Listen to Music. My first year out college, I worked at a small planning firm in Boston with offices in an old industrial district. The office had interior brick walls, wide, wooden floorboards, and no heat after 5pm in the winter. To this day, when I listen to Morphine’s Cure for Pain album, I remember the December sunlight slinking past the cranes of the Big Dig, over the map table, and onto my desk. I remember the heavy clonk of the pile drivers (a sound entirely unlike the clonk of Phil’s golf club on my mother’s head, thank God) and the taste of Juicy Fruit, which I was strangely enamored with at the time. I remember that I only had two pairs of pants nice enough to wear to work and one had a stain on the right heel that I hid with a cuff. I remember wearing a winter hat in the office. Every time I listen to that album, I remember those things. You have albums that do the same, I’m sure.
So this one is easy. It involves your IPod, which I know that you have because you are a New Yorker. How to make use of the ubiquitous Apple music toy? Next time you are walking in the park, or on your commute, or anyplace you visit often and want to be sure to remember, pick an album off your IPod and listen to that album every time you are in that place or on that journey. In ten years it will remind you of the smell of that deli and that one London Plane Tree on the corner with brighter leaves than the rest. Change the album with the season, or in accordance with a major life change. Maybe you hate your job now and the album you listen to on your commute will yield bittersweet memories, but when you get that promotion you will have new songs and new memories even though you are walking in the same places. You will see the same things and they will look different.

Seek Out New Views. I recently moved from Brooklyn to Manhattan. I hired a “Guy with a Truck,” threw my boxes into the back, and sat up front with him while we drove across the city. He was a little bit crazy. The view from seat next to him confused me. We were still driving in New York, I knew, but everything about it was irrefutably different – but only slightly. By riding just three feet above where I usually do when in a cab, I got an entirely new perspective on the city. I was above it all but still stuck in the muck, a strange combination.
So where do you go to get this new perspective? Everywhere. It’s New York. Go up, up with the tourists to the tops of the buildings. There’s a reason they pay dearly for those views. Pay particular attention when exiting underground subway stations and arriving at street level. Revel in the discombobulation – it will give you that other-dimensional view of the city that tastes strangely like the first view you had of this place. Take the Staten Island Ferry, the water taxi, those double-decker tourist buses, or the Roosevelt Island Tram (especially if it’s going to get stuck for an hour). Sit still in a place where everyone else is moving or run as fast as you can through a place where everyone else is sitting still.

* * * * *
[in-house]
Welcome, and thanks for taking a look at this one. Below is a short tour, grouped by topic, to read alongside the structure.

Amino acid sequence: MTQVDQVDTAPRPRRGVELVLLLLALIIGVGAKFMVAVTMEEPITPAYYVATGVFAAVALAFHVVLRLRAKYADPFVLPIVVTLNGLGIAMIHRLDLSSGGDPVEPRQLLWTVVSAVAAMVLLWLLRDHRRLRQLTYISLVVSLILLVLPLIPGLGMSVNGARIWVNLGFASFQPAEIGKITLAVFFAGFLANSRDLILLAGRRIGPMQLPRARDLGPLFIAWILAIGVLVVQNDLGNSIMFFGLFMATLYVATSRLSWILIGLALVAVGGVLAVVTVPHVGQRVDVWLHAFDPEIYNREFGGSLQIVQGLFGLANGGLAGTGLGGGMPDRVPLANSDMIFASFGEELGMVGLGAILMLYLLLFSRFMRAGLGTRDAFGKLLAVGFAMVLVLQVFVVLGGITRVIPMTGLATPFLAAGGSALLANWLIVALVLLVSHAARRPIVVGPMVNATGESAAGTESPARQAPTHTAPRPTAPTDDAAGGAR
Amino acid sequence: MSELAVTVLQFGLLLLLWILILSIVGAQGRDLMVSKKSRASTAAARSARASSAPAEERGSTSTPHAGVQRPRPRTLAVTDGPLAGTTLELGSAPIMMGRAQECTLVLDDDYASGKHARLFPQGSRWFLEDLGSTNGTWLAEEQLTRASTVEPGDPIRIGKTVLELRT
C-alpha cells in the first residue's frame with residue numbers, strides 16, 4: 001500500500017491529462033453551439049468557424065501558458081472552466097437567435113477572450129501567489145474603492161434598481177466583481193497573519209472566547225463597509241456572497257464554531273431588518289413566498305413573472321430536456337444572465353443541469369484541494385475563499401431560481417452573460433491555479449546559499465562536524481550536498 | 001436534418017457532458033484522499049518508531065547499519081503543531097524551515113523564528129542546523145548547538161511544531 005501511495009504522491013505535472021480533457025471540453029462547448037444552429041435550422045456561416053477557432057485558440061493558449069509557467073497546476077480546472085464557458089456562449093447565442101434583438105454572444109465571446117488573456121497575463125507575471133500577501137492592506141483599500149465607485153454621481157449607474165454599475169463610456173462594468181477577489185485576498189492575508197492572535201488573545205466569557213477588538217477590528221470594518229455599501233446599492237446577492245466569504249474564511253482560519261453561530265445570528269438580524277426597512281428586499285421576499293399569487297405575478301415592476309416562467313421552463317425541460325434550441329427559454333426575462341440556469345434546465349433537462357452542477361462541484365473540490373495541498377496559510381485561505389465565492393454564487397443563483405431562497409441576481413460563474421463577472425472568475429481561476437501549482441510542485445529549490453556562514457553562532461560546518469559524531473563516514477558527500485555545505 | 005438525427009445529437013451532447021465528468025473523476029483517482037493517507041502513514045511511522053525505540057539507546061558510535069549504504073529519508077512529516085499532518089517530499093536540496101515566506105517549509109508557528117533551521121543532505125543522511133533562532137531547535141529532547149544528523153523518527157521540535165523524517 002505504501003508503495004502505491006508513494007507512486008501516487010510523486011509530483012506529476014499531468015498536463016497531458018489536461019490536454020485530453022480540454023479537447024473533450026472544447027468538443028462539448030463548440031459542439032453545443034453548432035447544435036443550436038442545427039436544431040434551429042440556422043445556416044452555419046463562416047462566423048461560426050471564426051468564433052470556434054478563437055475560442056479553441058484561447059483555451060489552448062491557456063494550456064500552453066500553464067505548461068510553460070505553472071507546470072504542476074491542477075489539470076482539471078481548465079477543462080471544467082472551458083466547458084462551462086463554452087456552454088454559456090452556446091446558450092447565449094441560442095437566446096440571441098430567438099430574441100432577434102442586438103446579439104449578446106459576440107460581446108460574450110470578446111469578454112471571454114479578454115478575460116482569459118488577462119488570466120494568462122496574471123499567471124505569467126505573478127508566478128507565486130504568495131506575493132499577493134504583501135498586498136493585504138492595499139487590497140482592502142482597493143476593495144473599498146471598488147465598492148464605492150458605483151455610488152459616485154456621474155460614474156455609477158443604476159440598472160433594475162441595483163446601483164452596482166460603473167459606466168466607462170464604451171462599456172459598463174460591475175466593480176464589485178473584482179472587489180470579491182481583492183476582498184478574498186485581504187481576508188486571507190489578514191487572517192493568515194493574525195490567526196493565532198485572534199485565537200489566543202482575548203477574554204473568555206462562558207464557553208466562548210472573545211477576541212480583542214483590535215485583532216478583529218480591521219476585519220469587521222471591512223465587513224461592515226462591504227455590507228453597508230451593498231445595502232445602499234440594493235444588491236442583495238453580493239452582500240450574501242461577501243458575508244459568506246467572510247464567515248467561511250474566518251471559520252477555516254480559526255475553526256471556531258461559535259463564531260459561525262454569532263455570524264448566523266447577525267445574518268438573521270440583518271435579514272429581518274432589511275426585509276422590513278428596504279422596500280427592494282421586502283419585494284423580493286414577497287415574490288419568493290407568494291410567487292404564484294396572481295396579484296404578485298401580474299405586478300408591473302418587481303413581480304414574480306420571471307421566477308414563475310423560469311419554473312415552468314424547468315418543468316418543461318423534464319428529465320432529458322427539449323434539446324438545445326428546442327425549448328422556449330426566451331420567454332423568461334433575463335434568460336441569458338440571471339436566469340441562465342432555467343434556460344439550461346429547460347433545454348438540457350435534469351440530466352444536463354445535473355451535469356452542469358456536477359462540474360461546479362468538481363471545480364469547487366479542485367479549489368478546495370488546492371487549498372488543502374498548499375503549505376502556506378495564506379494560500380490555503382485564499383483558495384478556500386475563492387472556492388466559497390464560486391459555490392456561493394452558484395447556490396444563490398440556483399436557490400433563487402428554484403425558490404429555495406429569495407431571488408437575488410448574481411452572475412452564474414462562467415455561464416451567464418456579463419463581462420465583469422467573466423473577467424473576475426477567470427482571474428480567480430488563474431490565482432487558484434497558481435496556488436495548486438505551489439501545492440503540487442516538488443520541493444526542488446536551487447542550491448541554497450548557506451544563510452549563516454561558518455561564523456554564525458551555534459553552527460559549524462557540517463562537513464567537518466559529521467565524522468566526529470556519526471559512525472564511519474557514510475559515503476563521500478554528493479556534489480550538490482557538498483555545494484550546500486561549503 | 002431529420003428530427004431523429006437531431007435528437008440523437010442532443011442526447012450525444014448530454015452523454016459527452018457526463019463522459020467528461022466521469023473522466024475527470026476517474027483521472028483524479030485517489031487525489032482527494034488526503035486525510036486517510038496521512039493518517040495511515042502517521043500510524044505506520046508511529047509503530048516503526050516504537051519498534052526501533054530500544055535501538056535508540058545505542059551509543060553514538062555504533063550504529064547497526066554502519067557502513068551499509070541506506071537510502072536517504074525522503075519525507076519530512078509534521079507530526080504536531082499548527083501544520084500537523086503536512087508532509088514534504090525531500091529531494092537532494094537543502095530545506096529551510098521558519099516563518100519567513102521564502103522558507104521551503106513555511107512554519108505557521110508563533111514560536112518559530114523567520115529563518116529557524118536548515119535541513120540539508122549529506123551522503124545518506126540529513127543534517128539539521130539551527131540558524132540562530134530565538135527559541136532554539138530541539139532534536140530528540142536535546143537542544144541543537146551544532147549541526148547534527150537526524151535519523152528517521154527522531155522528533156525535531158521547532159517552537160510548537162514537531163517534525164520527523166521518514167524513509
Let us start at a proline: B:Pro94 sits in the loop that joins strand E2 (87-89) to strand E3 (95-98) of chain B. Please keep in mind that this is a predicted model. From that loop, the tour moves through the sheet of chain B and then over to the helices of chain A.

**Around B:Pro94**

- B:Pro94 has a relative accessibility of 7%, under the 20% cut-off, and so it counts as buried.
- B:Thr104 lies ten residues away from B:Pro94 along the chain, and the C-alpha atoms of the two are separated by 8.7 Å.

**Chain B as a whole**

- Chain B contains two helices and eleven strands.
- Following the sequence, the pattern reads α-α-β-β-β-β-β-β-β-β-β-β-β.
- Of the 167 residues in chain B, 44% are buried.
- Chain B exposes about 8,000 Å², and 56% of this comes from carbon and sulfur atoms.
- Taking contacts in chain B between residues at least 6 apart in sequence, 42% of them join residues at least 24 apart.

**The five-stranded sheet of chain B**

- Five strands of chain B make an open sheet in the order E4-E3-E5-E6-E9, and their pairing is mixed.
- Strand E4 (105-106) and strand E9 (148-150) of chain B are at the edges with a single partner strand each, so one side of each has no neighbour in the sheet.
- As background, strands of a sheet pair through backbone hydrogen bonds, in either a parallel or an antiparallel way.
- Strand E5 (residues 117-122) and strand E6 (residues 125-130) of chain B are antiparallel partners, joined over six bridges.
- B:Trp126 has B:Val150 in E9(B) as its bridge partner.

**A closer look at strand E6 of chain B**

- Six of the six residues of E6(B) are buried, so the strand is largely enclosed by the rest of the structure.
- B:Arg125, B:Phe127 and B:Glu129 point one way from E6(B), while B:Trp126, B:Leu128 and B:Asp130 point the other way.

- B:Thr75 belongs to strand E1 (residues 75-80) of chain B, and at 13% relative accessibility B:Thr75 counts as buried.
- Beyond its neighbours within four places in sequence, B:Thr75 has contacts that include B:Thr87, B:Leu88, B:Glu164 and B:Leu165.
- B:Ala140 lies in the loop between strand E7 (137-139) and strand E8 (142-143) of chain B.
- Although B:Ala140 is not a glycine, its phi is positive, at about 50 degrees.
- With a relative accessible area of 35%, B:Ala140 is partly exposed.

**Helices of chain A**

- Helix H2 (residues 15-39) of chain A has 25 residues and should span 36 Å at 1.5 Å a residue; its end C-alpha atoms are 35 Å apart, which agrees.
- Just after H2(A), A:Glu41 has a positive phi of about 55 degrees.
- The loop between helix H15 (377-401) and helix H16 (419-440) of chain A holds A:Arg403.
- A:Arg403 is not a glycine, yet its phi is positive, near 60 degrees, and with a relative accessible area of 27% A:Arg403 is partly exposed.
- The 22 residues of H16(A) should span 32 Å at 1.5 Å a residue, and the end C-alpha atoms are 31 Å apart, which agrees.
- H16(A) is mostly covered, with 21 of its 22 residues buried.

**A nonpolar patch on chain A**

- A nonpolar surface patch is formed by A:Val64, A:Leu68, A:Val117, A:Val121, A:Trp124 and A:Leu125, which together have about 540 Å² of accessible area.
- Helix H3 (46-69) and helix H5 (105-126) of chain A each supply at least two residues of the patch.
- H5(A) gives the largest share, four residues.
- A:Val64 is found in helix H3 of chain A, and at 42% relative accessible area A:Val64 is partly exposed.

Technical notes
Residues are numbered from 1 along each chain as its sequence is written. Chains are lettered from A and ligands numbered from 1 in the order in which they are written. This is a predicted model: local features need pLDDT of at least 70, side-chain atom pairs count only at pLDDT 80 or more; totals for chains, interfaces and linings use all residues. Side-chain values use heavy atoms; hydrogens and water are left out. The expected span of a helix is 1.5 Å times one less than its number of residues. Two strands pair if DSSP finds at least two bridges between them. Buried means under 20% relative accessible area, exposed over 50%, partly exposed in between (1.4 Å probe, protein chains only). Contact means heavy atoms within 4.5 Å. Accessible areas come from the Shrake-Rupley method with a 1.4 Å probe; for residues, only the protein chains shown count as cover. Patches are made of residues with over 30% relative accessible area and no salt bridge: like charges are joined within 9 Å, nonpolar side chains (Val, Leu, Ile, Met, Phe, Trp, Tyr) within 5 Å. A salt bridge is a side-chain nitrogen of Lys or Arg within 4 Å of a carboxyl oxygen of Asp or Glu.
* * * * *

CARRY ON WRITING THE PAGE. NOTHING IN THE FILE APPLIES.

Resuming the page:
New York will be different tomorrow.


Urban Field Trip
The latest New York Spirit article is up. Check it out.


When I was in college trying to figure out what I was going to do with my life professionally, I tried to navigate a course that would touch on my major interests: architecture, politics, religion, writing, and, strangely, linguistics. I'm not sure how I ended up being so interested in linguistics, especially since I never even took a course on it. Undoubtedly it's related to being a writer. I love knowing how words in different languages are related, how concepts travel from one ethnic group to another and the trail of clues is left in bits of letters that are still used to communicate hundreds of years later.
The connection to urban design is tenuous. The only reflection I see is that in both, fragments of functioning objects (letters in words, shapes in buildings) surround us so pervasively that we become entirely desensitized to their existence, yet each holds answers about where we came from and what has been deemed important in our history.
When I chose urban design as a career, I steered myself towards architecture and politics, keeping writing and linguistics as hobbies and religion as an extracurricular. But today an article in The New York Times links linguistics, religion, and politics, forming a personal trifecta. The piece discusses the cataloging of languages done by Christian missionaries, how their standard for a language is if it requires a separate translation of the Bible, and the political ramifications of having your dialect grouped with other languages. Interesting stuff.


On Broadway
The latest installment of the New York Urbanism series is up on the New York Spirit website. Check it out.


Robert Moses, the Middle-American Traditional Father
From no posts to a glut of posts, I know. It must be something in the water.
Reading the Times' article on the vanquishing of the light-industrial/arts uses from Williamsburg & Greenpoint in the face of the oncoming redevelopment plan, the following sentence caught my eye: